Everything we read suggested that it was possible to catch the chicken pox from someone with shingles, but it was pretty rare. For transmission to take place, a non-immune person essentially has to come in direct contact with the rash.
“So just don’t rub the children’s faces on your oozing sores and it should be fine,” I said, looking up from my father-in-law’s computer.
“Got it,” Michael said. And he kept his shirt on and washed his clothes separately and that was that . Or so we assumed.
Because we are dumb.
About a week after we returned home from Florida, I found myself in the bathroom getting the kids ready for bath. I pulled Annabel’s dress off and immediately noticed three small, red dots on her stomach.
“Huh,” I said.
“What’s that?” she asked, curious but not scared.
“I don’t know, but it looks like it may be the chicken pox.”
“COOL!” she yelled. “I have the chicken pox!”
I was less enthused.
The next day I took her increasingly spotty self to see the doctor, which I had to do in order to make sure that her immunization records showed that she’d had the disease.
“Yup,” he said out in the parking lot where he came to look at her, so we didn’t infect everyone else. “That sure is chicken pox. Do you know where she contracted it from?”
“Well,” I said. “Her dad had shingles.”
“Really?” he said. “When did he have them?”
“He still does, a bit.”
“And you don’t know anyone else who had chicken pox?”
“Wow,” he said. “That’s a pretty compelling case. But, honestly, the chance of getting chicken pox from shingles is so rare it is practically theoretical. This is amazing!”
I, again, was less enthused.
Because I believe in giving full credit where credit is due, I need to tell you that Annabel really was a superb chicken pox patient. She rarely complained, she tolerated quarantine even when it required her to sit endlessly in the car while I ran errands, and she was generally excellent company. But by the of the mandated six-day sequester, she was healed up and quite ready to go back to preschool.
I packed her up, sent her on her way, and assumed it was over.
Because I am dumb.
You may wonder why I was so casual about the whole thing considering that I have another child in the house. The reason is this: Sam had received the chicken pox vaccine. We had intended for neither kid to get it until they started school, believing that natural immunity had a slight edge over vaccine immunity during the course of a lifetime (though we went back and forth on this a lot especially considering–remember?–we thought Michael had never had the chicken pox). But we learned when reviewing Sam’s vaccination records at his three-year check-up that somewhere along the way he’d gotten the shot.
We didn’t really mind either way, and, frankly, by the end of Annabel’s bout with the pox I was tired of calamine lotion, hideously behind at work, and pretty much done with the varicella zoster virus altogether. Plus, I was feeling pretty lucky that Annabel’s case was as moderate as it was and I wasn’t really looking to roll the dice a second time.
But, hey! Guess what! A week after Annabel went back to preschool I was pulling Sam’s shirt off for bath (seeing a pattern?) when I noticed tell-tale red spots all over his stomach and back.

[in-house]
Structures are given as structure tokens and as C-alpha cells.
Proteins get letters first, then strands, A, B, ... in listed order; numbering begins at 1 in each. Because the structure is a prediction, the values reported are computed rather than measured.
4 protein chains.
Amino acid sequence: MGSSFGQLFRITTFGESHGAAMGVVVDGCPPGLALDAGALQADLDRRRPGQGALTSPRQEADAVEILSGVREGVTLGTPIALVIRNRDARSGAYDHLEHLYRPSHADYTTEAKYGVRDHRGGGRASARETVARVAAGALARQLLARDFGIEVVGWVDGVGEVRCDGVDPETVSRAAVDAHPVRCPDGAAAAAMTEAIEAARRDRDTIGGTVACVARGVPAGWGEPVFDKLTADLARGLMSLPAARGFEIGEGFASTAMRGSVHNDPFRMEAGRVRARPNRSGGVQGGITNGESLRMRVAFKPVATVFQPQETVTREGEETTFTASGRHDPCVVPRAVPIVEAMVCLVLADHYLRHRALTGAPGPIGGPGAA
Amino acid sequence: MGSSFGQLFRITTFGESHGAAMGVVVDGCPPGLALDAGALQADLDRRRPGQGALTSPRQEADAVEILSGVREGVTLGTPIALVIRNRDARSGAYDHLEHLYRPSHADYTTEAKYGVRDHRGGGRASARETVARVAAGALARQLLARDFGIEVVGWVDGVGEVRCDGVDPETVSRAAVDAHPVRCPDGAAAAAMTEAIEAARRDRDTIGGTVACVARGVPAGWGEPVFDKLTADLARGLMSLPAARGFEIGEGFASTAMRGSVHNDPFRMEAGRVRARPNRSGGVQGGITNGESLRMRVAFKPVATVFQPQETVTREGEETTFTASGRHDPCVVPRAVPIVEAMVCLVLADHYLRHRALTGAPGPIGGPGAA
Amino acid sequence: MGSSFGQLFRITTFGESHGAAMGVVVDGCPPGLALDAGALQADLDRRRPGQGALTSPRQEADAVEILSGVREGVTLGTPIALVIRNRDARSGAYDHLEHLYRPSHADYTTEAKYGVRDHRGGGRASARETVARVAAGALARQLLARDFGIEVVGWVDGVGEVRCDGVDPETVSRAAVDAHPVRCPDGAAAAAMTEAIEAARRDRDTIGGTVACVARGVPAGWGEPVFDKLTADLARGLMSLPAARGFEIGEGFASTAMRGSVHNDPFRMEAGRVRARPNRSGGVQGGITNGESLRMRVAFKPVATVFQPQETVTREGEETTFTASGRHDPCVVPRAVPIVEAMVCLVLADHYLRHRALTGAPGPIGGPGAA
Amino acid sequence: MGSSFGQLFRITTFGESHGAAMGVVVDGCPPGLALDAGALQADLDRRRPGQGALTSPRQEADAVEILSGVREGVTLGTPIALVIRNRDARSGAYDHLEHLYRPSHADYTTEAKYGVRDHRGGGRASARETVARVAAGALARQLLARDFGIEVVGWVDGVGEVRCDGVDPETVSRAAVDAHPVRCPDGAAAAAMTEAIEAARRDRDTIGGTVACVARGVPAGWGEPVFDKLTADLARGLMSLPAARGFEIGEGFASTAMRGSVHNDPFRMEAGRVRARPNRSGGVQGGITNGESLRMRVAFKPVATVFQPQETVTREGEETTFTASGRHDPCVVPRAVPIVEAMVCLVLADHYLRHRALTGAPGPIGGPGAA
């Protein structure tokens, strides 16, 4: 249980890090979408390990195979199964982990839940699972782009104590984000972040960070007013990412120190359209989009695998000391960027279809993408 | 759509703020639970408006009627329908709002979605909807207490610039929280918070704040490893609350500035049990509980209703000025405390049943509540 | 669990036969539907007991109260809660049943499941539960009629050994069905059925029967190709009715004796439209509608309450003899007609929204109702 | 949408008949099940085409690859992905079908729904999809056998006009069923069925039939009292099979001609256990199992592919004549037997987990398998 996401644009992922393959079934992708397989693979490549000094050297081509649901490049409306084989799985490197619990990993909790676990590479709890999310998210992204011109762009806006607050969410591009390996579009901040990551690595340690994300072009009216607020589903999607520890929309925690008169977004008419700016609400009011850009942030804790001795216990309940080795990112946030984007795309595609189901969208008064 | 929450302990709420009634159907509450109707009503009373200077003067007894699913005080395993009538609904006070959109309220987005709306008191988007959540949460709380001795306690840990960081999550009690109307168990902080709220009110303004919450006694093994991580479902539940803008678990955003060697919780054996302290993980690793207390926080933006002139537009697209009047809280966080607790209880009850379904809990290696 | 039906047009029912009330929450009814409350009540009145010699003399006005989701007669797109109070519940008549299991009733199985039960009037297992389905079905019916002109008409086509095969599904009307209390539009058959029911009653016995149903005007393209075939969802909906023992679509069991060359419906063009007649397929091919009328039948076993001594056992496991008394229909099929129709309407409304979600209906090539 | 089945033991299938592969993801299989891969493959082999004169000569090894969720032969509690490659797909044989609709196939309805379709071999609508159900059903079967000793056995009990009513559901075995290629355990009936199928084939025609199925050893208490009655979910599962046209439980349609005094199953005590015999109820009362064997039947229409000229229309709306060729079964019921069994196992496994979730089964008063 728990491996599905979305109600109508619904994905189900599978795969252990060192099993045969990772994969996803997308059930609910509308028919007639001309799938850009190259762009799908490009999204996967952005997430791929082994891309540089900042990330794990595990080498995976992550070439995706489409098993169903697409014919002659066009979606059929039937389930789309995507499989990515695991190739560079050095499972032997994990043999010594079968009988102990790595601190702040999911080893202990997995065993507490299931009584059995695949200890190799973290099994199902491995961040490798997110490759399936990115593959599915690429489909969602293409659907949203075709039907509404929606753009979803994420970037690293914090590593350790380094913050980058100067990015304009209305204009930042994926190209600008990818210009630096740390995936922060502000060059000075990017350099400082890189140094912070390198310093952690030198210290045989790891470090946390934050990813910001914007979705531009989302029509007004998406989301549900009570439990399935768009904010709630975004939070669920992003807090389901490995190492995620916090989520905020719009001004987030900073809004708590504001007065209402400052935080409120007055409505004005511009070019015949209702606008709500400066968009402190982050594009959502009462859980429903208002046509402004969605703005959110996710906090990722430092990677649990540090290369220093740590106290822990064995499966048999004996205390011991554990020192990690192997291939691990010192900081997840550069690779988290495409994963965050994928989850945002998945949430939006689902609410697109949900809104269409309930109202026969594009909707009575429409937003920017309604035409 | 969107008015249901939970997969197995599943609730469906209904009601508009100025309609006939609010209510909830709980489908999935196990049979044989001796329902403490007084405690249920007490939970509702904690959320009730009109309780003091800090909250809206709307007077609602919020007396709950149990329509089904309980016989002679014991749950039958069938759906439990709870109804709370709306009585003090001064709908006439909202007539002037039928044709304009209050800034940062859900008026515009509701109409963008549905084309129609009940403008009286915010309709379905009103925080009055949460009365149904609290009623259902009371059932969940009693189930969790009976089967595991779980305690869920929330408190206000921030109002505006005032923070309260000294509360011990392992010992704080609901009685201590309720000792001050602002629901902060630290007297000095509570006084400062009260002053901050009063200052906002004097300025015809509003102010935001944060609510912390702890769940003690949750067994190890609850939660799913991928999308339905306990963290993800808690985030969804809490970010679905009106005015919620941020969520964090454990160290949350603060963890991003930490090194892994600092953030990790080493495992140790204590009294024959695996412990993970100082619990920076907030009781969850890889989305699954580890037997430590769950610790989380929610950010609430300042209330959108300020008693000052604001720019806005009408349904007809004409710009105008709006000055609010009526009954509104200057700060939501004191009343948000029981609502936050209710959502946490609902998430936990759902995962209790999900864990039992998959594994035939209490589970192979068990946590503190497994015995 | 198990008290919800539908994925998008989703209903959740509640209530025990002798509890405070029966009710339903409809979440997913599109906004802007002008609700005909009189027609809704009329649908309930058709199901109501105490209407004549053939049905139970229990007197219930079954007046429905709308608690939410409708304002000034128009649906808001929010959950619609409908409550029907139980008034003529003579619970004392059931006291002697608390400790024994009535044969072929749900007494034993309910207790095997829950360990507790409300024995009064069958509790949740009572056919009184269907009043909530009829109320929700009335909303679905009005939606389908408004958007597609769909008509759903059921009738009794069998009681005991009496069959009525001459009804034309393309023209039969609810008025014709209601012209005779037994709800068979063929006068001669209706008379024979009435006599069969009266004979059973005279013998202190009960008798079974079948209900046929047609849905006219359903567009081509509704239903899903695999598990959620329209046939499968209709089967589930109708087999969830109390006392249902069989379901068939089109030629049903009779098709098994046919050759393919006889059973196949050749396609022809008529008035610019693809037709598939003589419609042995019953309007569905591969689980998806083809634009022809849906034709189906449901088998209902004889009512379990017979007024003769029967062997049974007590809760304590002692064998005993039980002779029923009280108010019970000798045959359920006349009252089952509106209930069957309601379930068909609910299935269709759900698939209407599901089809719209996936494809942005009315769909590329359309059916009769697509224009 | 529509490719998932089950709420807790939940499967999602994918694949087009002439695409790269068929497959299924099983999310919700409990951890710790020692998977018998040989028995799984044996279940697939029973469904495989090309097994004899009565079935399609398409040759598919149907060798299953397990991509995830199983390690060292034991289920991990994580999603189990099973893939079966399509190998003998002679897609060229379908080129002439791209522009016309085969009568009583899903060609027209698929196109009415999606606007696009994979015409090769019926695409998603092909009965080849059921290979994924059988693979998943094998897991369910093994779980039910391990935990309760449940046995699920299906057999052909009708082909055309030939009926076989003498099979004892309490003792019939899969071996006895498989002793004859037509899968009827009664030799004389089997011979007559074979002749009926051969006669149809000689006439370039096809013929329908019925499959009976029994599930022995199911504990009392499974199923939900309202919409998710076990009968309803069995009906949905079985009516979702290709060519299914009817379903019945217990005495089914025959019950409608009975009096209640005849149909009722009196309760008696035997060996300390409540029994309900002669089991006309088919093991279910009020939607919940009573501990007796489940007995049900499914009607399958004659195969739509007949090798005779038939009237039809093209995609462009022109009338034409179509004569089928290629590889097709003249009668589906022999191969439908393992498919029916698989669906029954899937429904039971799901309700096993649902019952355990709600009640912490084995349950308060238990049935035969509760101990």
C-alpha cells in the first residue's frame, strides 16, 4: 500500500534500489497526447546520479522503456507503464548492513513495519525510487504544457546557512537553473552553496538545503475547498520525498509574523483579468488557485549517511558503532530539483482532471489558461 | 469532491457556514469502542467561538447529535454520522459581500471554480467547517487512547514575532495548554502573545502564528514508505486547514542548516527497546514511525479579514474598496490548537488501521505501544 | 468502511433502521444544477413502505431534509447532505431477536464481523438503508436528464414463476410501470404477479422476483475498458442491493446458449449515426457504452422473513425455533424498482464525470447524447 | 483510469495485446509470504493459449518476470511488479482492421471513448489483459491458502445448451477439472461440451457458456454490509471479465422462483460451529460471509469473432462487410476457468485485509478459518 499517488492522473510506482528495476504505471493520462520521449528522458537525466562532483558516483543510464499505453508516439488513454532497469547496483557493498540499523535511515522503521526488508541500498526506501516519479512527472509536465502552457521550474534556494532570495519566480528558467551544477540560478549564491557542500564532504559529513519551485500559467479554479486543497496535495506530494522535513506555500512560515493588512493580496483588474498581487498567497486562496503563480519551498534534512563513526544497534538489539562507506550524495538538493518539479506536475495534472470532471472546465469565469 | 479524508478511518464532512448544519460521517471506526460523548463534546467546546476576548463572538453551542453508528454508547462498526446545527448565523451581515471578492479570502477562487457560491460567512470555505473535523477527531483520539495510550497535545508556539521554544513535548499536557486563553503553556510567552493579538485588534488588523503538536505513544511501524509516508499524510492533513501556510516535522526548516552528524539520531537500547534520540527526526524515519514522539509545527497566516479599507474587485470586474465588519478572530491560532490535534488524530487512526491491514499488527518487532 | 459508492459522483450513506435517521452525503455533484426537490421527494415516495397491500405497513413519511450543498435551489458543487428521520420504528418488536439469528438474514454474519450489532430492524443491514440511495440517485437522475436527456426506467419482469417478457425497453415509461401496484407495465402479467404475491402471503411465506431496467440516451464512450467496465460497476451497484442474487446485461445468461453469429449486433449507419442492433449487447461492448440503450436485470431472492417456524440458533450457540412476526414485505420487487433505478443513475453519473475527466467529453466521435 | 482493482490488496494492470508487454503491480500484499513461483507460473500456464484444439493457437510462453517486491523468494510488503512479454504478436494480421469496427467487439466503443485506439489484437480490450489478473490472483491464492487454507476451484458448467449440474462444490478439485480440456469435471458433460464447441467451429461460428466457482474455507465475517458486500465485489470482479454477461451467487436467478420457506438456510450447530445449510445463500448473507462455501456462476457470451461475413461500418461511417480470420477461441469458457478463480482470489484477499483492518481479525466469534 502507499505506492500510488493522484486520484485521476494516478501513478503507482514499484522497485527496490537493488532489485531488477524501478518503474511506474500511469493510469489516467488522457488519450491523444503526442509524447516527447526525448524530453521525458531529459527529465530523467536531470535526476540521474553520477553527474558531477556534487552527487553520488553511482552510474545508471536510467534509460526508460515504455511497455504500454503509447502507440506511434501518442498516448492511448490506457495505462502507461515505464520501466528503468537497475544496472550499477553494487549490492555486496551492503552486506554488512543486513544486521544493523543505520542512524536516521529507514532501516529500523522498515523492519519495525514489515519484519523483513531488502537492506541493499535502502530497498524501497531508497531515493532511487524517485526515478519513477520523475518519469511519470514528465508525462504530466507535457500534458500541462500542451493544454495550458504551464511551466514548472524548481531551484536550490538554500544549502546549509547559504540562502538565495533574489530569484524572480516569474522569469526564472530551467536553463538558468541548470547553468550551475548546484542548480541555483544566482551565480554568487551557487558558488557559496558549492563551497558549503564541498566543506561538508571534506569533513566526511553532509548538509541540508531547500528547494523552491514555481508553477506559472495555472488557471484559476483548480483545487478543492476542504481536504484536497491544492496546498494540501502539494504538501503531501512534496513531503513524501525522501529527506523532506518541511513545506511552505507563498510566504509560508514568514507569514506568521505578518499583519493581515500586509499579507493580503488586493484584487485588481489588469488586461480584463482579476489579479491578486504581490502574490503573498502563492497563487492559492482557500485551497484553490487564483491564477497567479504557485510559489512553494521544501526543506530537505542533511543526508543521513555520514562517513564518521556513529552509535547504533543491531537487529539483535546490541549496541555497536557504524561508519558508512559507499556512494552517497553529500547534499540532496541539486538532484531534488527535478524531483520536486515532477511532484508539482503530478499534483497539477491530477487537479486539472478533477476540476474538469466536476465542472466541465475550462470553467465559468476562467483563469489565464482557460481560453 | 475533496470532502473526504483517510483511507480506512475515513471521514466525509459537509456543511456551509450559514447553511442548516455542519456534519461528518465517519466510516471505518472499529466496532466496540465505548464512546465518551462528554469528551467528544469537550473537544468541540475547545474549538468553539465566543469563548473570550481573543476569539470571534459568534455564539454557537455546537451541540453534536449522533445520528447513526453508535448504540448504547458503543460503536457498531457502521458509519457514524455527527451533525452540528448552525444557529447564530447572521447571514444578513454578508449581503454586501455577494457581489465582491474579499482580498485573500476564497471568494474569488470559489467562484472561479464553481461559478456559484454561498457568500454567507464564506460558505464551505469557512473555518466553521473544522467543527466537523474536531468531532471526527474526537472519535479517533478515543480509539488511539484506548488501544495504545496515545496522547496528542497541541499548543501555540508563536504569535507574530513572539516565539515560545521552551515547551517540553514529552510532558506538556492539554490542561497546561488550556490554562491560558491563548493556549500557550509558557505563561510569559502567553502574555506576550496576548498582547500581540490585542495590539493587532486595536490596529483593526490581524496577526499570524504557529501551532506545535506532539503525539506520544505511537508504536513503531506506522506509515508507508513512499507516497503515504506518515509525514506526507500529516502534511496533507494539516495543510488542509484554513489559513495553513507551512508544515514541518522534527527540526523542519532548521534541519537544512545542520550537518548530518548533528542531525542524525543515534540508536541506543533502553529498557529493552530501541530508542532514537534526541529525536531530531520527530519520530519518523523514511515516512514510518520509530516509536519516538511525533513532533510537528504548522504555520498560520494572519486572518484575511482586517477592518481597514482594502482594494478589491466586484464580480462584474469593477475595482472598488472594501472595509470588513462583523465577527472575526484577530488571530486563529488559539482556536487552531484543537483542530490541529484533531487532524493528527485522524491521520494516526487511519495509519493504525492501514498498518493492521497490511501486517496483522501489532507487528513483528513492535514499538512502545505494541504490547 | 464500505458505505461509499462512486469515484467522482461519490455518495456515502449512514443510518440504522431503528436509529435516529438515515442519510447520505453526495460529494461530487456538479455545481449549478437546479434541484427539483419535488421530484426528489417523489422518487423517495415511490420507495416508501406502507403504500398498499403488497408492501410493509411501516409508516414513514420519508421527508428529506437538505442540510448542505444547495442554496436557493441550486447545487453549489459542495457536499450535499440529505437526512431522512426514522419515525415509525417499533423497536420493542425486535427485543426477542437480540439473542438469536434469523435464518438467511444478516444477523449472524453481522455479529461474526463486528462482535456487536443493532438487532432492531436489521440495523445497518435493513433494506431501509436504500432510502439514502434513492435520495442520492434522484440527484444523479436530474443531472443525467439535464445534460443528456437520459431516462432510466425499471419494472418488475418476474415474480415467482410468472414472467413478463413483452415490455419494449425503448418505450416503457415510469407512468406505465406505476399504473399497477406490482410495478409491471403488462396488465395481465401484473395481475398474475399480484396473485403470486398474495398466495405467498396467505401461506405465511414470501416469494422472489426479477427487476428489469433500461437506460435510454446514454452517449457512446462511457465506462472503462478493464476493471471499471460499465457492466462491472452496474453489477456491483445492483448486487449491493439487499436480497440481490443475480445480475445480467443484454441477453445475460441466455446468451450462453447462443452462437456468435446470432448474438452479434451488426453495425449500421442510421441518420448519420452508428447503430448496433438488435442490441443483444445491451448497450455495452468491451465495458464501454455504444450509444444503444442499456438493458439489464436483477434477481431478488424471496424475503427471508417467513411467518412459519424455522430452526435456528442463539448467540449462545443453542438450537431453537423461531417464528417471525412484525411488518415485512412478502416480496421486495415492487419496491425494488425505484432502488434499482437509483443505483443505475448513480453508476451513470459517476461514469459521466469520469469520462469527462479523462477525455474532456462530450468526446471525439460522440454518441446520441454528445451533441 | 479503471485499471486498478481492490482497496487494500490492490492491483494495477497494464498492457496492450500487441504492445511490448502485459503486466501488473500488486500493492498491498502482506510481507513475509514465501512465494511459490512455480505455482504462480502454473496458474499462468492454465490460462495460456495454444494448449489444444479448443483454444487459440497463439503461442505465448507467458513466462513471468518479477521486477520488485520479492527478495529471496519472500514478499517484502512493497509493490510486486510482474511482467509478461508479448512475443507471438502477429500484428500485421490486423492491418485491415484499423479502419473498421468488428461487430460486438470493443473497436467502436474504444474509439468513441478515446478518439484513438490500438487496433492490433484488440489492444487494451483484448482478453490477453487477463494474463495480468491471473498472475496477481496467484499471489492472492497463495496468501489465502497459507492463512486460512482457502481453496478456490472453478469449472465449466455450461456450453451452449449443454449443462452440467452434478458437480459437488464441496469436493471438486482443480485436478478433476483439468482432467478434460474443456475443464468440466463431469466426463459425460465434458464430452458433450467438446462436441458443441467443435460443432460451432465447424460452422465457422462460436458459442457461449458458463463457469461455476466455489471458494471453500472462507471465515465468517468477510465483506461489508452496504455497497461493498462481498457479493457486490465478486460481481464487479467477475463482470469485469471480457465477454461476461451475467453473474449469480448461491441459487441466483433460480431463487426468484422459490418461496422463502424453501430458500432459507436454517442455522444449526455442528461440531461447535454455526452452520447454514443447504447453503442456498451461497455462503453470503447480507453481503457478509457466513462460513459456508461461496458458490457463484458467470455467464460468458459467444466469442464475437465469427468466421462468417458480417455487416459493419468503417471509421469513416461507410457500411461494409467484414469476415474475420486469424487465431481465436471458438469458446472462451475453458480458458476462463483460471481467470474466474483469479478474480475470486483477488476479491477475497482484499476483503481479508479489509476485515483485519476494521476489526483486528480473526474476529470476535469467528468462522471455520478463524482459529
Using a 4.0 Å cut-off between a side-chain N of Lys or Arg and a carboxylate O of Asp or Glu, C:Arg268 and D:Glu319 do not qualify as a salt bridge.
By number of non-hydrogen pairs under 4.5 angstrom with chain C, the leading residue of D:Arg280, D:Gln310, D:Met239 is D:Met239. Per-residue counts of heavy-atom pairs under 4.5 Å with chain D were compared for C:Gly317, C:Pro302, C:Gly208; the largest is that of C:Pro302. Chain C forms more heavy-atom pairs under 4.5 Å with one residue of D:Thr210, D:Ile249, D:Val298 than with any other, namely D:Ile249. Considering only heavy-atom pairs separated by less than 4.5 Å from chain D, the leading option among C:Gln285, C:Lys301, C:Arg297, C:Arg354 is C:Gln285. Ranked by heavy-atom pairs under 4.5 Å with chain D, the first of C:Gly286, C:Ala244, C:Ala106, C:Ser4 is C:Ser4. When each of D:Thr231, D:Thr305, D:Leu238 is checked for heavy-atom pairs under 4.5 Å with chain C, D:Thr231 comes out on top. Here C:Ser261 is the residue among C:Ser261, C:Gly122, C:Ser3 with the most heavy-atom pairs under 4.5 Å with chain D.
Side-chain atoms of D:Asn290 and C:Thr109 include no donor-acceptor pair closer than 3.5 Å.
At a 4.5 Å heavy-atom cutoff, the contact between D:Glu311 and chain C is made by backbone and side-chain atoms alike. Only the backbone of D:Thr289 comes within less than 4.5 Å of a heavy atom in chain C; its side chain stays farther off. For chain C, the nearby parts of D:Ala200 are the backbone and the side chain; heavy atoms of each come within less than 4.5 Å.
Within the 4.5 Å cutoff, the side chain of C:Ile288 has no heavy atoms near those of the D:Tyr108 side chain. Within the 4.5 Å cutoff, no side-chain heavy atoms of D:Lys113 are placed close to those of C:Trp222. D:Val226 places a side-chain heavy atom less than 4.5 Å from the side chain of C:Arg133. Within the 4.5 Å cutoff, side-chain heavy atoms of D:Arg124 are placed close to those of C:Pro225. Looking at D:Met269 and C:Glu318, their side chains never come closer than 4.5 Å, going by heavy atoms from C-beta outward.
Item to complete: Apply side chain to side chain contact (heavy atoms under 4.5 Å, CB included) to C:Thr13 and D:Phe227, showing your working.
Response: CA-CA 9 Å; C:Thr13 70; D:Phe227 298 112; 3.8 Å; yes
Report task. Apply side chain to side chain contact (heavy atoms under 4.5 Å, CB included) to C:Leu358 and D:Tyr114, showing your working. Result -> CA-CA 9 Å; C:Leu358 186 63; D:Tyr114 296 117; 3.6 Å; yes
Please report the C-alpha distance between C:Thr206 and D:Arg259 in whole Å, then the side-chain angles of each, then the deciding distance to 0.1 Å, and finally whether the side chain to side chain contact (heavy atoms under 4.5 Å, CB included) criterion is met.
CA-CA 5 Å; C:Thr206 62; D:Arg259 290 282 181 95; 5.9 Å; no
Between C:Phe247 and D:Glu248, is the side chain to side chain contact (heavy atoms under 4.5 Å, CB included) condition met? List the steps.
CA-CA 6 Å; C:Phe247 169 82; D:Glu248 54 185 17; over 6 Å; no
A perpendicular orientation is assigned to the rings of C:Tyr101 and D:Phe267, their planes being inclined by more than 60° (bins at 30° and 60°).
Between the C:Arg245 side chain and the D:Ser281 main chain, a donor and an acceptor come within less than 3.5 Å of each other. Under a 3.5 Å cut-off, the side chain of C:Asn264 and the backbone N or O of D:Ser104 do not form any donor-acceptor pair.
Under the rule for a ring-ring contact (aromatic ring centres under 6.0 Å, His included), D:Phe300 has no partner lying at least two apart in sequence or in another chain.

“Look!” Annabel yelled gleefully, “You have chicken pox, too!”
So I hauled him to the doctor the next day, which happened to be yesterday.
“Sure does look like the chicken pox,” the Friday doctor said. “I don’t see this much anymore, honestly, what with the vaccine.”
“But he got the vaccine.”
“Right. We tend to see that cases with the vaccine are much milder. Is his milder than his sister’s was?”
“No, it’s worse.”
“Really? But he has fewer spots?”
“No, he has more.”
“Interesting. It looks like the vaccine didn’t help much here.”
“This really is unusual. Believe me.” And I believe her.
Because I am dumb.
My 37-year-old, generally healthy husband developed a illness usually limited to the elderly and the infirm from a childhood disease he never knew he had.
He then gave this disease to our daughter in a manner of transmission considered so unusual that it is “practically theoretical.”
Our daughter then gave the disease to our son, despite his being vaccinated against it with a vaccine considered around 90% effective.
When I was at the doctor with Annabel, he seemed oddly pleased with her contraction of the pox. “The thing is,” he said, “she will now have a 99% chance of being immune from this for life. That’s actually really good.”
I had the chicken pox when I was a kid. I don’t remember having it, but I definitely did. I’ve never in my life worried about getting it a second time. But right now? I’m looking at how percentages are running for us and I’m thinking, boy, I am basically guaranteed to end up in that 1%, aren’t I?
A few friends who have followed this saga have mentioned that I should buy a lottery ticket. It seems to me that the luck we’re running is actually the exact opposite of what is needed to win the lottery. What would happen if I went to buy a lottery ticket is that I would somehow bump into the person behind me, causing them to slip and fall and sustain tremendous injury. They would then sue me for everything I have, including my family, who I would be forced to sell for cash, and I would end up destitute, penniless, alone, and covered in the first-ever-known simultaneous case of chicken pox and shingles.
So buying a lottery ticket doesn’t seem like the right move.
But I might do it anyway.
Because I really am that dumb.